Many businesses support the subsidy but some have said its details remain vague and that it isn’t a cure-all after business activity plummeted since March.

“The wage subsidy helps for sure, but if we make little money and we pay for the rent we can’t even pay the 25 per cent for the wages,” Rami Kassem, co-owner of Javaroma cafe, told NNSL Media. “So, we still keep laying off people. If they find a solution with the federal government and help out small businesses, that would be a big relief.”

A lift for airlines

The $8.7 million announced for NWT airlines — coupled with up to $5 million for carriers in Nunavut — comes just a week after NWT and Nunavut leaders decried the fall in revenue and passenger numbers among Northern carriers because of the coronavirus pandemic.

Yellowknife Centre MLA Julie Green tabled a motion in the legislative assembly on March 27 that sought to come up with a solution for airlines so they can continue supplying communities.

Green said the costs of propping up struggling airlines would be higher than what the GNWT can afford.

“If you multiply that by all the regional airlines – North-Wright, Northwestern, Aklak – suddenly, you’ve got a big, fat problem. (Canada has) the deep pockets and the territorial government doesn’t.”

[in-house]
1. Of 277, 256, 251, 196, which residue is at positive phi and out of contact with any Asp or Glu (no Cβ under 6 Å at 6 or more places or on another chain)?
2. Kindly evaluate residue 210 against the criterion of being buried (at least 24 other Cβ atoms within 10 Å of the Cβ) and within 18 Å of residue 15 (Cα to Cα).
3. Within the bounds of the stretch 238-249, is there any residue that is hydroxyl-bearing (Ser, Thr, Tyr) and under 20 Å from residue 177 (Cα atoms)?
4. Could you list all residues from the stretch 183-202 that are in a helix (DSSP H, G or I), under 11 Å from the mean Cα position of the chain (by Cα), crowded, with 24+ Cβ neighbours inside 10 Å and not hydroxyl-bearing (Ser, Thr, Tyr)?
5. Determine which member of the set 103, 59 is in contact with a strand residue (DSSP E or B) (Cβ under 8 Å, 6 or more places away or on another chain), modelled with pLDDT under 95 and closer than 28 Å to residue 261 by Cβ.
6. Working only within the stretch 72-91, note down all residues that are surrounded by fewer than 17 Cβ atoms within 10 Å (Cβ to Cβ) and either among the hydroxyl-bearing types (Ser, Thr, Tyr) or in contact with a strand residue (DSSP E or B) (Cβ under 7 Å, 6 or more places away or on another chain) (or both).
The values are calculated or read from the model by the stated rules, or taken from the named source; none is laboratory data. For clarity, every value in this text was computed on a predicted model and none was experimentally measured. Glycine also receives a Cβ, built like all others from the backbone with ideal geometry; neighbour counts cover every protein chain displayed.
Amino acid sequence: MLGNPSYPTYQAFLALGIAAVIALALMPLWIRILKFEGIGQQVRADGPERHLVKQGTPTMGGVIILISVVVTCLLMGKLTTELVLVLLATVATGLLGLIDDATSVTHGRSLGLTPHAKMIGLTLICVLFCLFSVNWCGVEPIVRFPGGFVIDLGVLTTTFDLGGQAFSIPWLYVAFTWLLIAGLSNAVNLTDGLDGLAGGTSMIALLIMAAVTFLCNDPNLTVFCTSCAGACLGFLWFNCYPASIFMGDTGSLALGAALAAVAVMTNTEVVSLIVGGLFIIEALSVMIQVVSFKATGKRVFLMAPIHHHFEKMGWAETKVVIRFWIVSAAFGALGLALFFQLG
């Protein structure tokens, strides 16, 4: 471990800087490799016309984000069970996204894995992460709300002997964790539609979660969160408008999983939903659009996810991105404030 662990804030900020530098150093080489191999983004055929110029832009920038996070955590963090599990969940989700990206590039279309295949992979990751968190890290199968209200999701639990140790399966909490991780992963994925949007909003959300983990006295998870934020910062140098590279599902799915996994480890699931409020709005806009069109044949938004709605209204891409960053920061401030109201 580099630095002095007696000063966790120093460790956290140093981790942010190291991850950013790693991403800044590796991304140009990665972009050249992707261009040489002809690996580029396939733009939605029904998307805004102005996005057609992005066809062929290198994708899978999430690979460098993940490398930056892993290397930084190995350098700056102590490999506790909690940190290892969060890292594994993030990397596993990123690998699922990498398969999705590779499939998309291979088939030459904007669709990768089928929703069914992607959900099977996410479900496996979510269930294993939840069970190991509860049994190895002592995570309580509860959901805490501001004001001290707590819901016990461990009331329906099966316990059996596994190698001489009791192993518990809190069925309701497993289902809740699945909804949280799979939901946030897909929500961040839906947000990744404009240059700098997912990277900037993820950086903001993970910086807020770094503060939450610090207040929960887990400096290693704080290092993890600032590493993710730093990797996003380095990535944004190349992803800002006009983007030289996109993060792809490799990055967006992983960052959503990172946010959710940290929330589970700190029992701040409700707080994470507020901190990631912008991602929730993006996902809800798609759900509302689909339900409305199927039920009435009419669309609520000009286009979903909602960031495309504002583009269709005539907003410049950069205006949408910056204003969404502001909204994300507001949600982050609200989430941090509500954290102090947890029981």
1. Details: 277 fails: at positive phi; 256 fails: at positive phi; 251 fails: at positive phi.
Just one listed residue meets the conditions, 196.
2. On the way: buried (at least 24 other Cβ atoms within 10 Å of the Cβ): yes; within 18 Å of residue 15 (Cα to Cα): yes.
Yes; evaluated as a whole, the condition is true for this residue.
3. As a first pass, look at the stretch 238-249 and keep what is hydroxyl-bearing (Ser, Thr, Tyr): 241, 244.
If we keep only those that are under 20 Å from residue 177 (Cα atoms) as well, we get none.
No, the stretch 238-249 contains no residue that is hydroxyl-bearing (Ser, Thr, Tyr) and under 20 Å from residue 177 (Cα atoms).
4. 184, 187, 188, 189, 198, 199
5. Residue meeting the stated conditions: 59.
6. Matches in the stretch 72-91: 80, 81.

Trevor Wever, vice-president of business services with Air Tindi, said the airline supported the motion and was prepared to join more discussions on the issue.

The economic downturn spurred Air Tindi to lay off 35 per cent of its staff, reduce its fleet by 40 per cent and cut its flight schedule by more than half, Air Tindi president Chris Reynolds said in a statement on March 20.

Inuit Tapiriit Kanatami president Natan Obed urged that flights to fly-in communities be deemed essential services and Premier Caroline Cochrane told NNSL Media that she had asked Trudeau for relief for small regional airlines.

However, the NWT Chamber of Commerce is critical of the funding. 

While executive director Renée Comeau said in an email to NNSL that the Chamber appreciates the federal government’s efforts to help out the North, $8.7 million “will not help” and “will only assist maybe one airline.” 

“All of our locally owned and operated airlines need a focus on recovery/economic stimulus of at least $15 million for the NWT,” she said. 

“We need the federal government to realize that SME businesses in the NWT need better support, with the cost of doing business in the north, a majority of our businesses are operating with such thin margins that even a 10 per cent decrease of revenue is crossing a line to having to close doors, a reduction of 30 per cent means that chances are the business has already closed and any form of relief is of no assistance.”

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Blair McBride

Blair McBride covers the Legislative Assembly, business and education. Before coming to Yellowknife he worked as a journalist in British Columbia, Thailand and Ontario. He studied journalism at Western...